As an engine whirred, a cocoa stream poured from a spout into a vat, like an industrial version of a chocolate fountain.
Laurent Gerbaud, 45, a tall, jovial man with a mop of curly hair and thick tortoise eyeglass frames, resembled a hip mad-professor type as he described how the molding machine before us regulated the temperature of his liquid candies-in-waiting.
We four students, wearing disposable smocks, listened from our stations around a wooden table set with plates holding artful arrangements of dark bonbons in various shapes and sizes. A thick, rich aroma, too intense to be entirely pleasant, filled the room. With a door ajar to a busy sidewalk, we could hear lively French conversations outside.
Chocolate envy had brought me to Brussels on this Saturday morning in July. When I learned that my chocolatier friends from Maine were embarking on a professional research tour in Belgium, two hours from my home in the Netherlands, I signed up for my own little educational outing — a workshop in the nucleus of the country’s famed chocolate industry.
In more than a dozen shops around the city, visitors can sample the sweets — with freebies galore. While chocolate tours and demos are a dime a baker’s dozen, I discovered only a few places that regularly offer tastings and workshops. (Additional offerings can be found in other Belgian cities, especially Bruges, Gent and Antwerp.) I chose Gerbaud because of his artisanal approach. He’s among the new wave of Belgian chocolatiers who have arrived on the scene in the past 15 years, decades after the advent of still-popular legacy brands such as Godiva and Mary. Gerbaud made his mark by introducing salty and fruity toppings, with more cocoa and less sugar. He continues to set the bar high, selling his handiwork from a bright, contemporary shop and cafe in the center of Brussels.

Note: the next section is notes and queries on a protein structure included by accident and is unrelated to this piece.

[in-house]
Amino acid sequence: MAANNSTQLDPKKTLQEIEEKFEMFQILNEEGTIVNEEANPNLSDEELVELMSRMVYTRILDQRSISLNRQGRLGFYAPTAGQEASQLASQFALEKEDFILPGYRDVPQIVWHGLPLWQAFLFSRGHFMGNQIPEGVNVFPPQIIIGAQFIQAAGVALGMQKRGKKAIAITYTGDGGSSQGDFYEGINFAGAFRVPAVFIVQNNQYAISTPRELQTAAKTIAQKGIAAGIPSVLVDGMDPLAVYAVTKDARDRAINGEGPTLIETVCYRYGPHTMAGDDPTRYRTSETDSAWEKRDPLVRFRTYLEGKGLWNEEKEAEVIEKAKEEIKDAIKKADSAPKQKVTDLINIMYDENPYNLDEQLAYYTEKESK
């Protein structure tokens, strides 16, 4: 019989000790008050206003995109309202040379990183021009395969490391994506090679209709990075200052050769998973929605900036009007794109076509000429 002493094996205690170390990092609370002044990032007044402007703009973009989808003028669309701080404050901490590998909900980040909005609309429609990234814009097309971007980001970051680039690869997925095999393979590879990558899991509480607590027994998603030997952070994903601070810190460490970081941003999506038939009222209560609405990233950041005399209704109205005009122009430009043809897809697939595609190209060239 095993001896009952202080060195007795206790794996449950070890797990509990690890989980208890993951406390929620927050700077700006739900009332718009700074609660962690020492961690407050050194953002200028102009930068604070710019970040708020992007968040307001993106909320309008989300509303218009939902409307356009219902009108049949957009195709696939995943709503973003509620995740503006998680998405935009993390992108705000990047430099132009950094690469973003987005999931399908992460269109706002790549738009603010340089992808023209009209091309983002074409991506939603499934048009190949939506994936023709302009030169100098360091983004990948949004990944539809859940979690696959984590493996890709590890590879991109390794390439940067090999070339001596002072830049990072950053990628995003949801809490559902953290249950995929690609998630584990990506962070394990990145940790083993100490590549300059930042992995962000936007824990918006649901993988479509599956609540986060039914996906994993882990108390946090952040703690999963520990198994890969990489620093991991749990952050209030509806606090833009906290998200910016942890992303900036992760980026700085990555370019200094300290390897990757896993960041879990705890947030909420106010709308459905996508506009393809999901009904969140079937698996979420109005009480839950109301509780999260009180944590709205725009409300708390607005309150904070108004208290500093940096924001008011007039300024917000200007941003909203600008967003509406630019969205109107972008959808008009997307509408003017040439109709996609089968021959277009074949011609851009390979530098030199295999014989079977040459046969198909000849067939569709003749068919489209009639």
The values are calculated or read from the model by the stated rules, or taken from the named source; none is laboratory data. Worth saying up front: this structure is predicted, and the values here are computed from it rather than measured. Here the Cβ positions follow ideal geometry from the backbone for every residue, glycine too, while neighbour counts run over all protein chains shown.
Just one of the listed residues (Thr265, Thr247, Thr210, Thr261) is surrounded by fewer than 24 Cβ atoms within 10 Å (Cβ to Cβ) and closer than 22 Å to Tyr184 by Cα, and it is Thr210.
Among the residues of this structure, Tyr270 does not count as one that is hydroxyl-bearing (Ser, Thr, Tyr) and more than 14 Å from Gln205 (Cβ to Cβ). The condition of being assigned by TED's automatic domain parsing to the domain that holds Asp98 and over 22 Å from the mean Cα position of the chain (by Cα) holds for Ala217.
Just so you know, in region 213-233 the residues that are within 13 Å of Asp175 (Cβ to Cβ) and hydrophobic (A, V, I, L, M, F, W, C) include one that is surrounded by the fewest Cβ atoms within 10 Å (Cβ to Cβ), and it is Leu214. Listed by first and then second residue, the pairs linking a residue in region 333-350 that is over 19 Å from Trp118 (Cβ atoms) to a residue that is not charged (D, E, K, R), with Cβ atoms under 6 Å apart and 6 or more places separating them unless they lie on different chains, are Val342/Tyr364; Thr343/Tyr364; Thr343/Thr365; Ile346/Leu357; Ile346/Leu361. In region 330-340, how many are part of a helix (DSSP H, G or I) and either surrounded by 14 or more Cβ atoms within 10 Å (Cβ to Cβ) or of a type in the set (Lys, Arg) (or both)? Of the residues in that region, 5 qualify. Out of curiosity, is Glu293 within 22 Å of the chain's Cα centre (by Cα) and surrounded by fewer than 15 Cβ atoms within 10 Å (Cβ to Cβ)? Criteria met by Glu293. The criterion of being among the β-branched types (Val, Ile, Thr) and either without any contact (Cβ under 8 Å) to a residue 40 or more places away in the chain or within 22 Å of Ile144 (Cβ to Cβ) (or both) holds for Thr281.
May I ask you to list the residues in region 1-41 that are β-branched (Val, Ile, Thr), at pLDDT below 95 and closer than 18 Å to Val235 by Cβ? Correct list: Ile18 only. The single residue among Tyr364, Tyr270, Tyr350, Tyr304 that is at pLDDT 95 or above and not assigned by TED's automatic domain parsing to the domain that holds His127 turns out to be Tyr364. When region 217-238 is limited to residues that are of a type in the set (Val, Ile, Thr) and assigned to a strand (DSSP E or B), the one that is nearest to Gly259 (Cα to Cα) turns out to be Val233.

“We’ll make some chocolate, but also do some tastings to experience both low- and high-quality chocolate,” he told us. “My goal is that, after this hour and a half, you won’t eat cheap chocolate anymore.”
No argument there, I thought, as we jumped right into the making.
“First, you should be relaxed in your shoulders and hips, and don’t forget to breathe,” he said, slacking his shoulders and wiggling his torso as he took a mold resembling an ice-cube tray in his left hand and filled it under the chocolate faucet. With his right hand holding a straight spatula, he scraped off the excess. The molds allowed us to make 16 thin, rectangular pieces, each measuring about 1.5-by-1.75 inches.
Gerbaud did the hard parts: the tempering, which gives the chocolate a glossy, firm finish, and the selection of ingredients — in this case, his signature blend of beans from Madagascar, Ecuador and Peru, processed by Italian producer Domori. Gerbaud uses couverture, a chocolate with a high percentage of cocoa and rich in cocoa butter.
This being a primer, we merely filled our molds and plopped nuts and dried fruit bits atop the still-liquid chocolate to create mendiants, the flat, traditional French candies. My classmates were a youngish Belgian couple and a friend of Gerbaud’s who hopes to market his sweets in her native India. We all got a bit messy filling our molds, the reward being that we could lick off the mistakes.